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Canadian health organization should get back to promoting health policies

Photo courtesy of Marta Kierkus

At its 147th annual meeting and general council in August, the Canadian Medical Association (CMA) once again took aim at the federal government for its apparent inaction in healthcare. However, pointing fingers at the Harper government and demanding “brave leadership” is a lackluster strategy that does nothing to actively improve any of the many ailments that affect our healthcare system.

If reform of our inordinately expensive system—which provides fairly mediocre care—is truly a priority for the CMA, they should give up the constitutional blame game and move towards actively advocating for positive change to Canada’s healthcare policy.

They should start doing so by picking a single quantifiable reform issue and run with it. There are a myriad of such issues that deserve their full attention. To be fair, many of these reform issues were discussed at length during the recent annual meeting that ran Aug. 17–20, but the media coverage of this event still focused on primarily on the political angle.

If the CMA is to have an effective voice or impact on future election campaigns and results, then they must strive to meet the greater Canadian electorate’s demand for specific health system reforms. They should not just clumsily hope to have us collectively blame the federal government and angrily storm Parliament Hill.

In reality, the Constitution Act grants provinces the lion’s share in healthcare, including jurisdiction over hospitals and direct delivery of most medical services, while the federal government has mostly spending power as its main constitutional responsibility in the realm of healthcare.

The fact that this federal government has a stricter interpretation of the Constitution when it comes to healthcare—in that they believe provinces should be responsible for providing effective cost-efficient healthcare—is nothing new.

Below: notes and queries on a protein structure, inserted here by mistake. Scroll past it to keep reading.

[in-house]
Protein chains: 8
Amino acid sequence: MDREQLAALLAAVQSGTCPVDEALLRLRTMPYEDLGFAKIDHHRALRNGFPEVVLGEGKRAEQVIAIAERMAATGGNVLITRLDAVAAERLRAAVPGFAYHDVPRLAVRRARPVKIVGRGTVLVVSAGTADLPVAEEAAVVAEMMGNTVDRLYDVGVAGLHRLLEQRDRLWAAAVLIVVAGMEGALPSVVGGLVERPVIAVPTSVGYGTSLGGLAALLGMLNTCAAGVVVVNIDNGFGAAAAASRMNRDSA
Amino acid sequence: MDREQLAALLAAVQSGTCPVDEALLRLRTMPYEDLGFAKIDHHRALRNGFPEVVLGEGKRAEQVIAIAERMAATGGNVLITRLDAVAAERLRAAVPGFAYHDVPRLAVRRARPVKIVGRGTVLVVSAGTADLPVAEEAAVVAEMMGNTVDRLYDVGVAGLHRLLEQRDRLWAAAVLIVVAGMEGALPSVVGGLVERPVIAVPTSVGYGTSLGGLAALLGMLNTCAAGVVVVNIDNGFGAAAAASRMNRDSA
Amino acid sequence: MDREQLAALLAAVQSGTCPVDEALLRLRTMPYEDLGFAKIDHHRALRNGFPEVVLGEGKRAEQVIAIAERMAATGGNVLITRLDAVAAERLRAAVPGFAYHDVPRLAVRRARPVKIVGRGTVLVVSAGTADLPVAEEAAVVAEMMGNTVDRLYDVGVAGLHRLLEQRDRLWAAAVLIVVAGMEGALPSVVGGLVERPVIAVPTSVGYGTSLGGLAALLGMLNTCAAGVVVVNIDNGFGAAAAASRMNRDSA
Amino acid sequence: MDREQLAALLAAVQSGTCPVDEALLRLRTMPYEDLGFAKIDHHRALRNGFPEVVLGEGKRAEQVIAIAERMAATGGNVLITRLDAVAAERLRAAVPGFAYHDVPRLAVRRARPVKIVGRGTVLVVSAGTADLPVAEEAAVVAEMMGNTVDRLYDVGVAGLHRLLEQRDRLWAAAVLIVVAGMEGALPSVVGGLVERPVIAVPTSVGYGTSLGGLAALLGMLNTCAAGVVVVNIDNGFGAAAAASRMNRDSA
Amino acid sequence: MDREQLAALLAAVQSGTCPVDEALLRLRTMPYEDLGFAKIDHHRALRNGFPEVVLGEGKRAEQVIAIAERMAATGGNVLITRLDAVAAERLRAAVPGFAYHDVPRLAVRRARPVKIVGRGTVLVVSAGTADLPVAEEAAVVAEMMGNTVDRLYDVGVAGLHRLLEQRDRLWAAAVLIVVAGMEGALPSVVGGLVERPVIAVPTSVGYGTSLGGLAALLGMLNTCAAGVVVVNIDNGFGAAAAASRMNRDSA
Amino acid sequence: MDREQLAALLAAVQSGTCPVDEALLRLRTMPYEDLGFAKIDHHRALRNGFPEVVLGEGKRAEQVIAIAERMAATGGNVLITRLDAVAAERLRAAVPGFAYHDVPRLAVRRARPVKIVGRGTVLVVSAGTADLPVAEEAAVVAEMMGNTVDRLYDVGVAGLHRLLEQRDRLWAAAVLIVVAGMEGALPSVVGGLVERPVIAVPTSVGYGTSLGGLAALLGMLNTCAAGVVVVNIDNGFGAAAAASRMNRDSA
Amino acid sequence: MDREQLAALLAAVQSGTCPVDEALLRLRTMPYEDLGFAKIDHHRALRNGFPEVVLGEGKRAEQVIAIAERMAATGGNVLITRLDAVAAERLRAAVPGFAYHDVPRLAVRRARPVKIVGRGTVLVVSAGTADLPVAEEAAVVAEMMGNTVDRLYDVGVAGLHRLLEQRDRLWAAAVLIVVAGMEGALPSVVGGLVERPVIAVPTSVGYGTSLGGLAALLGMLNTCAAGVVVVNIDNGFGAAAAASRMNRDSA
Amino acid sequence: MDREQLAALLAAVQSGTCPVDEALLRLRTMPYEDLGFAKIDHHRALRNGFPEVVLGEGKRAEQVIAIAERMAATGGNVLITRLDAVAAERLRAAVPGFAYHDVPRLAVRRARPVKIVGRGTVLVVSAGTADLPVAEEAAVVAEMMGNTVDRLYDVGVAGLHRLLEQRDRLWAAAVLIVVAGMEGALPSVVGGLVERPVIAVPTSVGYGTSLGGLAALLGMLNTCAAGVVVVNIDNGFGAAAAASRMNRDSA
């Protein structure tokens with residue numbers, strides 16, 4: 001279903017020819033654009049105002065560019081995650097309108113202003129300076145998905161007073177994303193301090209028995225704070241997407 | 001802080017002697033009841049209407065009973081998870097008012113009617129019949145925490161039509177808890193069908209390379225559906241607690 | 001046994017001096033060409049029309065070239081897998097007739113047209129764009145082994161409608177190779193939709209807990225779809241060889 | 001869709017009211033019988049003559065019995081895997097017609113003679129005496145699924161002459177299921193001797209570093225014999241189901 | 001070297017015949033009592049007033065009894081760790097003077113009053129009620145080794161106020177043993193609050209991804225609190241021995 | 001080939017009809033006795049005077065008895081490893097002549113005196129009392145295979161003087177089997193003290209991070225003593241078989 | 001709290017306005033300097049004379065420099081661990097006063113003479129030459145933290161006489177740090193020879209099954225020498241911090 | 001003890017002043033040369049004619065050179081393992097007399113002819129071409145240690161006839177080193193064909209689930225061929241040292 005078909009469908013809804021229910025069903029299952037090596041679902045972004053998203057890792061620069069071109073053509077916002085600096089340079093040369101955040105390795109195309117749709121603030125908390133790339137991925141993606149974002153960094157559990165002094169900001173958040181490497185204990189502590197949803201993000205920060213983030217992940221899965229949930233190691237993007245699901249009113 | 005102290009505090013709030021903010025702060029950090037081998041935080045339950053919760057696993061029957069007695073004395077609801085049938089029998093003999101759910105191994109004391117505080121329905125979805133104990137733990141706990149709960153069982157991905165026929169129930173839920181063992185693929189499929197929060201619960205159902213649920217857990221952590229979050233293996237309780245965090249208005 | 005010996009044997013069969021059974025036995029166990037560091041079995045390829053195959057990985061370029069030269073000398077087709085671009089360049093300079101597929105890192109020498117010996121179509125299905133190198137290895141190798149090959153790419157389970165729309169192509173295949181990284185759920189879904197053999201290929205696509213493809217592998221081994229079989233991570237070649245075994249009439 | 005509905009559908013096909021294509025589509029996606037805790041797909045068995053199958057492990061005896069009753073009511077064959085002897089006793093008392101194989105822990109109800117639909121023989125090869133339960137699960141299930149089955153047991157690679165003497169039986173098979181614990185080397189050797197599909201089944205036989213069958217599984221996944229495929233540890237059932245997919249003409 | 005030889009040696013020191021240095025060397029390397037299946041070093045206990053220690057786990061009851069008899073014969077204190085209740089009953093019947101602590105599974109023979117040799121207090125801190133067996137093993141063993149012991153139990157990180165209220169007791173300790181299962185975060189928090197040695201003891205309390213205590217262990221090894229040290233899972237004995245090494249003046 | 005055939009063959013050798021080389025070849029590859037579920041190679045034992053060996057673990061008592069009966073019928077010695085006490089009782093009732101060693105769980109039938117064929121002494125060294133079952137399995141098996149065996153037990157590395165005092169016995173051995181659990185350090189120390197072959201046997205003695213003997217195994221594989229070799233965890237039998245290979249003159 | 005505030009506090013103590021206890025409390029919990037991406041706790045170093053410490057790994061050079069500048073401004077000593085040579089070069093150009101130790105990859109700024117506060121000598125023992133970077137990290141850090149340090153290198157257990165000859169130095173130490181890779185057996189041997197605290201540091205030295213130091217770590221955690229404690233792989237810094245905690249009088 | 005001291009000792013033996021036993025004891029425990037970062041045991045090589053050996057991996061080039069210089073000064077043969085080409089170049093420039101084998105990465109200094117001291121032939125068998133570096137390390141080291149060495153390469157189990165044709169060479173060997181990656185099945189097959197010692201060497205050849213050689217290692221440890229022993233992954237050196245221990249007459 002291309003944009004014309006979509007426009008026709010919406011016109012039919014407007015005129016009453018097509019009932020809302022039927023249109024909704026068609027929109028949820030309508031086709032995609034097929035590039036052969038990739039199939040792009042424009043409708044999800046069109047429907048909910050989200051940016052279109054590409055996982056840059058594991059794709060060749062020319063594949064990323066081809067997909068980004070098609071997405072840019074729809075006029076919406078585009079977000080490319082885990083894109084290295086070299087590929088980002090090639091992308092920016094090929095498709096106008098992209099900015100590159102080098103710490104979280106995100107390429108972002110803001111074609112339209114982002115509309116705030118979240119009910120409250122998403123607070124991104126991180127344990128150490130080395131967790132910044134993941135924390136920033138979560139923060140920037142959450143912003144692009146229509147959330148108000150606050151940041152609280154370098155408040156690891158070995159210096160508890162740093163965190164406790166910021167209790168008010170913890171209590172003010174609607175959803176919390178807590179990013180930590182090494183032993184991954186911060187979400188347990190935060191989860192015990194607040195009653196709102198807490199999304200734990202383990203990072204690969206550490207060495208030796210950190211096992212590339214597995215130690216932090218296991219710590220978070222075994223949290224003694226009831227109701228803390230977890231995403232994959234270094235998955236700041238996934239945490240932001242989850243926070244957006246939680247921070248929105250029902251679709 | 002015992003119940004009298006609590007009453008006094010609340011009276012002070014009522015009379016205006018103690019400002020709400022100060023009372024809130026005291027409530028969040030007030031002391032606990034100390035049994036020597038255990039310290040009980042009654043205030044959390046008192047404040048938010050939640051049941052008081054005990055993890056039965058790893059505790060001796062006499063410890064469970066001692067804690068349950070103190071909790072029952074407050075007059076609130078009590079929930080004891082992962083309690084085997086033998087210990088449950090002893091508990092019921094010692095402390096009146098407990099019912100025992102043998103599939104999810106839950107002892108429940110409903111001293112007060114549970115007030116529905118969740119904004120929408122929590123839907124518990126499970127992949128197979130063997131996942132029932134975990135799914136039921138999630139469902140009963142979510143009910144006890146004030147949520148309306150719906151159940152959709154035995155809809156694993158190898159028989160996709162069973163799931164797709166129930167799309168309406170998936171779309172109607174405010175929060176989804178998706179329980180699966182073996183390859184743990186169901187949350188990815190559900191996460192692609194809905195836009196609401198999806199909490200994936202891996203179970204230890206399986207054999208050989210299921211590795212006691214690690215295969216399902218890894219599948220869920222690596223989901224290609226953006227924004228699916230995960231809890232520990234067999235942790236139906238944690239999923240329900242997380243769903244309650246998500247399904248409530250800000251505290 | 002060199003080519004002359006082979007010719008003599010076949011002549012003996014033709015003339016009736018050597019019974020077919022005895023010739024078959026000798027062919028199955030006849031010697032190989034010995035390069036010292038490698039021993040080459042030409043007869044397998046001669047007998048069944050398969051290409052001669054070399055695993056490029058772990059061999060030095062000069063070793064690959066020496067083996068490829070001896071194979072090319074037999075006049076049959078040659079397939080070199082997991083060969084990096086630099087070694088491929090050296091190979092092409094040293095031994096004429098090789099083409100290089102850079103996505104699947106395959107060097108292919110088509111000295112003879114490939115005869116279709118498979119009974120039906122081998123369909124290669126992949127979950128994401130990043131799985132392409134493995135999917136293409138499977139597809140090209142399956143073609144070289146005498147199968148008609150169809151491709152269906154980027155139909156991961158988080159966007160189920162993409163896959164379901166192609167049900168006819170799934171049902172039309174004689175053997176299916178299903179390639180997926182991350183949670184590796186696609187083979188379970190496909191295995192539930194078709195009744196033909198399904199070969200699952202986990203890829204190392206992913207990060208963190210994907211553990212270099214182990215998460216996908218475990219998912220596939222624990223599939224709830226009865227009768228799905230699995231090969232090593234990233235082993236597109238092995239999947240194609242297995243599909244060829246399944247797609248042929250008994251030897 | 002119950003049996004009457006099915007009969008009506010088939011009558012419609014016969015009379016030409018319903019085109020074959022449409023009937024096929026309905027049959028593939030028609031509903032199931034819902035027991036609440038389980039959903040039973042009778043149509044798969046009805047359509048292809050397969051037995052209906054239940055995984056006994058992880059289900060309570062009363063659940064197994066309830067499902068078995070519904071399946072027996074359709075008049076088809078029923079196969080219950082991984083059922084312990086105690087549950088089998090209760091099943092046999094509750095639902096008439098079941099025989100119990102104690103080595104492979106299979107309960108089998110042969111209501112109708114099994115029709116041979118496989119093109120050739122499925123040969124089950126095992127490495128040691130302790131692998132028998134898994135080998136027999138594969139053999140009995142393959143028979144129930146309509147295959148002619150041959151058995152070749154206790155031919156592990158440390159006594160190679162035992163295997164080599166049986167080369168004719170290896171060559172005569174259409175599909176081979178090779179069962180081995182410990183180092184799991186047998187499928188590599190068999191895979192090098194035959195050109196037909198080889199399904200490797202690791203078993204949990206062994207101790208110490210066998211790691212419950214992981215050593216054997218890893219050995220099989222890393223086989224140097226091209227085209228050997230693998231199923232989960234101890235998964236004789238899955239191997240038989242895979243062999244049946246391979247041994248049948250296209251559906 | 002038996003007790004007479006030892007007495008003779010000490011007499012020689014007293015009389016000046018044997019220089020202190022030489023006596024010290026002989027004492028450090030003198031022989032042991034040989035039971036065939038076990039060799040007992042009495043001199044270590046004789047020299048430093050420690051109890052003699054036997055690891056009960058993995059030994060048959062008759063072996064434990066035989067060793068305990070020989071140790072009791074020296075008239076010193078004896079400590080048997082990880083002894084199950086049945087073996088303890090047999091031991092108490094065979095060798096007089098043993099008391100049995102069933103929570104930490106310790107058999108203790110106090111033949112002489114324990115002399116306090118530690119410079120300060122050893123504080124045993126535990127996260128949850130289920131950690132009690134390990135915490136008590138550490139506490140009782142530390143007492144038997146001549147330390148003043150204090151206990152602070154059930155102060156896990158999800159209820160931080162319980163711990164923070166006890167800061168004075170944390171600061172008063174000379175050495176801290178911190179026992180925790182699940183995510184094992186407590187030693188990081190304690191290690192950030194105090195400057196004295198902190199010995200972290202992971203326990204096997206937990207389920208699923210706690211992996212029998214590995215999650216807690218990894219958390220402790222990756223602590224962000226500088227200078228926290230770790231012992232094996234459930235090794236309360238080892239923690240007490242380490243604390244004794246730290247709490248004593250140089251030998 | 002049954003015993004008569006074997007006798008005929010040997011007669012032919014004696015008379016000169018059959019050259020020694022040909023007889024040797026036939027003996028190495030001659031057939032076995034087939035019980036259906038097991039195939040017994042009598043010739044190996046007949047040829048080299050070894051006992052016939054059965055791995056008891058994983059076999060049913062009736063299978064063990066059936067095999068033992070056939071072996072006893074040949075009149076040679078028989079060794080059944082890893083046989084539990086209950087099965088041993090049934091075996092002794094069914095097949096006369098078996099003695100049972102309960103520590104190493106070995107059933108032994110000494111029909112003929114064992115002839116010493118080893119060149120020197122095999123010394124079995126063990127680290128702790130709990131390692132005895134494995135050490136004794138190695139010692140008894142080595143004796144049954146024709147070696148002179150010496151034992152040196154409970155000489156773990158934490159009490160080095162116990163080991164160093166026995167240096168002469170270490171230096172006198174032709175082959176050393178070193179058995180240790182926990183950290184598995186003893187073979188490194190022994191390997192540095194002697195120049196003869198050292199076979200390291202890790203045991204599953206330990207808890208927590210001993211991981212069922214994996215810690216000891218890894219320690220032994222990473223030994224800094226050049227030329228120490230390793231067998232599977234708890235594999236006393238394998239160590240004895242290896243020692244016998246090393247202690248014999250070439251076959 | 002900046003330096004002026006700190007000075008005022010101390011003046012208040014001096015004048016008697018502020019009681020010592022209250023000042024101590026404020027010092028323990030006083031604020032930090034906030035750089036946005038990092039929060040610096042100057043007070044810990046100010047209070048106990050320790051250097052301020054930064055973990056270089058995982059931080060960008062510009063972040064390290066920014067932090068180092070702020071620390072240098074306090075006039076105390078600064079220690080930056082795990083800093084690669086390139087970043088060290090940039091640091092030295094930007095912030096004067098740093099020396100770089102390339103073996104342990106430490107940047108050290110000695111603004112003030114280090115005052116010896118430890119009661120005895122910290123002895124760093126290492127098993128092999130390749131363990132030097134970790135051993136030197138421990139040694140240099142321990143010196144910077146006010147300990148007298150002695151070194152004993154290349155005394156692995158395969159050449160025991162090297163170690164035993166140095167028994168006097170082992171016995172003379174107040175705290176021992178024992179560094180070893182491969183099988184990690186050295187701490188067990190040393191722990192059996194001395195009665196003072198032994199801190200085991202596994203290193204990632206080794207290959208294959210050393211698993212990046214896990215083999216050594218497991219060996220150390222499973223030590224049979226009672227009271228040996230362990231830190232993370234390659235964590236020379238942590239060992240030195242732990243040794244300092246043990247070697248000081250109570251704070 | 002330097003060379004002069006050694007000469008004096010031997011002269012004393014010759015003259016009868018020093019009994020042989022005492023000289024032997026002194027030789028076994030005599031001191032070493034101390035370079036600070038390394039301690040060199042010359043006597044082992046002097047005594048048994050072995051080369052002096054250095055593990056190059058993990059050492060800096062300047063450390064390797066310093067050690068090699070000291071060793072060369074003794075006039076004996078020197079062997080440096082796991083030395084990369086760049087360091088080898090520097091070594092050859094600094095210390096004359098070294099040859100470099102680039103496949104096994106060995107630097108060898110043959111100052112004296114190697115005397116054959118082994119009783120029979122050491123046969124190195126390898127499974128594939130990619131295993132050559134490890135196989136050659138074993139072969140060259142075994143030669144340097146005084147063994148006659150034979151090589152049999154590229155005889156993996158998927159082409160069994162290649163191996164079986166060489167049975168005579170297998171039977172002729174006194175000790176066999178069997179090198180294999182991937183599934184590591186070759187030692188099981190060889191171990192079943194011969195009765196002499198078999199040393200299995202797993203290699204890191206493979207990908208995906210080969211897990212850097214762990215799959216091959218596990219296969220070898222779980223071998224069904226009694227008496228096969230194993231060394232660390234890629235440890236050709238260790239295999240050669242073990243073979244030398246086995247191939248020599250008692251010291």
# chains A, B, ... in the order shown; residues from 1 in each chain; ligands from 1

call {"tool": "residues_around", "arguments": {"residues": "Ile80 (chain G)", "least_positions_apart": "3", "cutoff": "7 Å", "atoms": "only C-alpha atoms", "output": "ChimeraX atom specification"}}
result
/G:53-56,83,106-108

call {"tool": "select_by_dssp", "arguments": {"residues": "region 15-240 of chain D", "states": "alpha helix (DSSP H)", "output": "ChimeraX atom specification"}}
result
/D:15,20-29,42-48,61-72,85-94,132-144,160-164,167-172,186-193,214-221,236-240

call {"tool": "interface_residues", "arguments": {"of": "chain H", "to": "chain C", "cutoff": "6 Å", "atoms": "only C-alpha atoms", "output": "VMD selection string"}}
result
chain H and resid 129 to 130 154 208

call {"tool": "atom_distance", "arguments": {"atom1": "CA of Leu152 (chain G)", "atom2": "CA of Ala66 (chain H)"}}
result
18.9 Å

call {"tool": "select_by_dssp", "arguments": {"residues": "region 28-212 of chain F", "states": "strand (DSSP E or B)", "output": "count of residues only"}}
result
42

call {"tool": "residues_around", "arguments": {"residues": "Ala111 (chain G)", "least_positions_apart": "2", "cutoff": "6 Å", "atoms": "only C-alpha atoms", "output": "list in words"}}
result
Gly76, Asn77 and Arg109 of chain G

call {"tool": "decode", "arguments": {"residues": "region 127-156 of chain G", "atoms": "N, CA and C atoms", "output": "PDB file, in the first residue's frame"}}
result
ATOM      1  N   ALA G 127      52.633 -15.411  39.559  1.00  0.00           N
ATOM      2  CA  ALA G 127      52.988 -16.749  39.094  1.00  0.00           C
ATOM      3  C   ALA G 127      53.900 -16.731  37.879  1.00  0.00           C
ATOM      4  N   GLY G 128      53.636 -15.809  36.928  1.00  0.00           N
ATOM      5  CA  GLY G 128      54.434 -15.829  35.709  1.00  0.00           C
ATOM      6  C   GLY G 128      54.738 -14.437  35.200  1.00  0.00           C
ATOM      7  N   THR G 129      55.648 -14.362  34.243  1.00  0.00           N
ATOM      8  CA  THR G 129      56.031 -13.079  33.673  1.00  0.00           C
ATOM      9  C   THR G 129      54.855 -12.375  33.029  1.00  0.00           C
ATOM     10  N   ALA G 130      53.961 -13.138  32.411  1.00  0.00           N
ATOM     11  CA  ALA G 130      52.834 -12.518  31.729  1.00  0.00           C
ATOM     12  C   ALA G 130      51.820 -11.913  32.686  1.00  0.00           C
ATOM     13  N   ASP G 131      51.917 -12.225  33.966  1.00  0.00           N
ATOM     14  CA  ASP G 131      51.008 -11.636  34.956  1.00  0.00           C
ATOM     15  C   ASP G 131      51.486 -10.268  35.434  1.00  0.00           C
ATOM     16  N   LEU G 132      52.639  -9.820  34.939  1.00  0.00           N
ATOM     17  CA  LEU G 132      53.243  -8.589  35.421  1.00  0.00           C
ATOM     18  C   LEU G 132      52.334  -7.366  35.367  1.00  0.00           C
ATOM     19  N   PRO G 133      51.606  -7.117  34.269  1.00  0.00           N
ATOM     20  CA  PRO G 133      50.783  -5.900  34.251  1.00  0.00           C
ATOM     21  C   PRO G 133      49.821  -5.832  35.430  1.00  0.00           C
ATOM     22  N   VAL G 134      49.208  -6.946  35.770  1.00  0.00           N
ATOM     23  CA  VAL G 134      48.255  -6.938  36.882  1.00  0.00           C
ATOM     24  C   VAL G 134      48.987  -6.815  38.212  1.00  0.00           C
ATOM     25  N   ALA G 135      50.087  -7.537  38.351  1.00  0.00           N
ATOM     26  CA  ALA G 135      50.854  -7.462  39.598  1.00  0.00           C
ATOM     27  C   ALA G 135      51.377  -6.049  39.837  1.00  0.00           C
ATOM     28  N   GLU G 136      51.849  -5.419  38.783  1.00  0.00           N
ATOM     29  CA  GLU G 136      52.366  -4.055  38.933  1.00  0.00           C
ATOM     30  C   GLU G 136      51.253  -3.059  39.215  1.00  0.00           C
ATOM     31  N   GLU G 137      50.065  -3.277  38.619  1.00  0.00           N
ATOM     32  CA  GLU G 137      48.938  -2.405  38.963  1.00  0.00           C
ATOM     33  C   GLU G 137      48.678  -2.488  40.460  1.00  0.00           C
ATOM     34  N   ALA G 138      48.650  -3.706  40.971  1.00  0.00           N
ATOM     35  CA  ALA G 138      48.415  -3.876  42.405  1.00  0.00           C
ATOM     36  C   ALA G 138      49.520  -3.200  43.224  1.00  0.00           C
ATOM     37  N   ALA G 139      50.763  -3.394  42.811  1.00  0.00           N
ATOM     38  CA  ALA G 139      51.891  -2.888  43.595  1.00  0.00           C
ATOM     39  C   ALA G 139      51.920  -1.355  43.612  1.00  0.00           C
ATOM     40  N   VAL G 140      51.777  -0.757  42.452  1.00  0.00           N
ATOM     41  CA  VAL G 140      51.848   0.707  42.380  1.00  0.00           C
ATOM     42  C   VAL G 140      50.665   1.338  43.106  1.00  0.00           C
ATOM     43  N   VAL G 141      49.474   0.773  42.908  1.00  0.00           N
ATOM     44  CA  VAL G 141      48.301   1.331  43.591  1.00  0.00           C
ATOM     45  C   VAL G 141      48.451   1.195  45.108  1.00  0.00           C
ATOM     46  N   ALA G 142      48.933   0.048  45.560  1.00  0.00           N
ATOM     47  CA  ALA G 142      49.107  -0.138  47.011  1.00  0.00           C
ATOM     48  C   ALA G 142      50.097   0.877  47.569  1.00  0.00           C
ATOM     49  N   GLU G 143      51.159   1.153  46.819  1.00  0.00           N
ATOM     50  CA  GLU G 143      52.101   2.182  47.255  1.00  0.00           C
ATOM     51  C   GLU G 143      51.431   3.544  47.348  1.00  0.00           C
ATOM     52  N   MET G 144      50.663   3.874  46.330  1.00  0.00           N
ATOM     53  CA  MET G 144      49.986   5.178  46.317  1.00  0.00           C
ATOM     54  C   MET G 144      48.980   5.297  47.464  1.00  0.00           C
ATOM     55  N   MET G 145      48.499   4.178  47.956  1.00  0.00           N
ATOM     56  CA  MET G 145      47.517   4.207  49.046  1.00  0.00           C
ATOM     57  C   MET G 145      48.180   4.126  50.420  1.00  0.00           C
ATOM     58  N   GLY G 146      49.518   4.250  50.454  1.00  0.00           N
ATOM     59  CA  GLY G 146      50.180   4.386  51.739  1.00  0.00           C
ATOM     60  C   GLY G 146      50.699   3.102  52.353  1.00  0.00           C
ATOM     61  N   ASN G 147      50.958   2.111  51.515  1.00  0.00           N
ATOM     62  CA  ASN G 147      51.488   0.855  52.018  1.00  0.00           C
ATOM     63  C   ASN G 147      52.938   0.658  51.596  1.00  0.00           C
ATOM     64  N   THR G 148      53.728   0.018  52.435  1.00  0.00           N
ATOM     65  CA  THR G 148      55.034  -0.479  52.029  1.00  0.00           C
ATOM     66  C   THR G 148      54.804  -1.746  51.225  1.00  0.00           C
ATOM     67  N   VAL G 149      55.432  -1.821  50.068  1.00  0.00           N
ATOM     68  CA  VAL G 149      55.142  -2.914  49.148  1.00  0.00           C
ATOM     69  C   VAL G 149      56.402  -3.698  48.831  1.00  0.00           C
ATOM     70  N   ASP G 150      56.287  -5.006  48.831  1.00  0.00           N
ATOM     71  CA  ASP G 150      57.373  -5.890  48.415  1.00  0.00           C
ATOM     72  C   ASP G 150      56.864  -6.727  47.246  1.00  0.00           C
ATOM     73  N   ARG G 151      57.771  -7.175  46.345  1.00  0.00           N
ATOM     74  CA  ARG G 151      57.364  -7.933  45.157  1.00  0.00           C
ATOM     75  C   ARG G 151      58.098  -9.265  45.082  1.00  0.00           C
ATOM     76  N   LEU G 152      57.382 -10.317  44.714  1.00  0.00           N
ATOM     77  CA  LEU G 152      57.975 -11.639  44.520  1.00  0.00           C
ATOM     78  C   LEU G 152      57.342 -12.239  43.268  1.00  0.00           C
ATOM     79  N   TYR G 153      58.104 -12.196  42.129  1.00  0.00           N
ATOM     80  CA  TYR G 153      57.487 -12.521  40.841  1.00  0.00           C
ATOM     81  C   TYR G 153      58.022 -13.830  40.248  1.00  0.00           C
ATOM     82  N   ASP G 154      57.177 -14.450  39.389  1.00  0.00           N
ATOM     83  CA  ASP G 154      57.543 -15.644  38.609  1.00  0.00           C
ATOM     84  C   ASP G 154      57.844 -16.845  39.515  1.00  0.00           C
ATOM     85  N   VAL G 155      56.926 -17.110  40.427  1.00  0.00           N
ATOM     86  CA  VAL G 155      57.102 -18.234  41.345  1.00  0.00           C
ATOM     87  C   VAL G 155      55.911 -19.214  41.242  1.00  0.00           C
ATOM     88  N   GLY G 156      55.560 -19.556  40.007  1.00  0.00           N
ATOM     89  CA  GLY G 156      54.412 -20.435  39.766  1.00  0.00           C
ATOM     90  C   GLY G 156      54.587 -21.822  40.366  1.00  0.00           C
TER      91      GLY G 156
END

Besides, the supposed problem of federal inaction in healthcare largely predates this Conservative government. A brief examination of the evolution of Canadian Medicare shows a slow but substantial deterioration of the federal role, for better or for worse. It is also important to note that legislative contributions to the scaling down of its role have come through both Liberal and Conservative federal governments.

Furthermore, what is the CMA’s definition of federal leadership? Constitutional reform? Let us hope not. What have past federal governments done that this current one has not? Therein lies the major flaw with their unequivocal blame of the federal government—there is no proper definition of what they believe is missing or what they hope to see in the future.

Currently, what we have are 10 provincial and three territorial healthcare systems in need of short-term reform targets. We don’t need any more talk of politics.

Constitutional jurisdiction is “inside baseball.” The sooner the CMA realizes this, the sooner their messaging and media coverage can be more relevant and more helpful for the healthcare reform this country needs. The organization should put forth more of an effort to propose and promote specific innovative health policy to provinces and their citizens, since these citizens are both the patients of their respective provincial healthcare systems and the electors of their respective governments.

“Quit pointing the blame at everyone else,” former CMA president Dr. Louis Hugo Francescutti told delegates during the meeting. The CMA, as the national voice for the highest standards of health and healthcare, needs to do exactly that.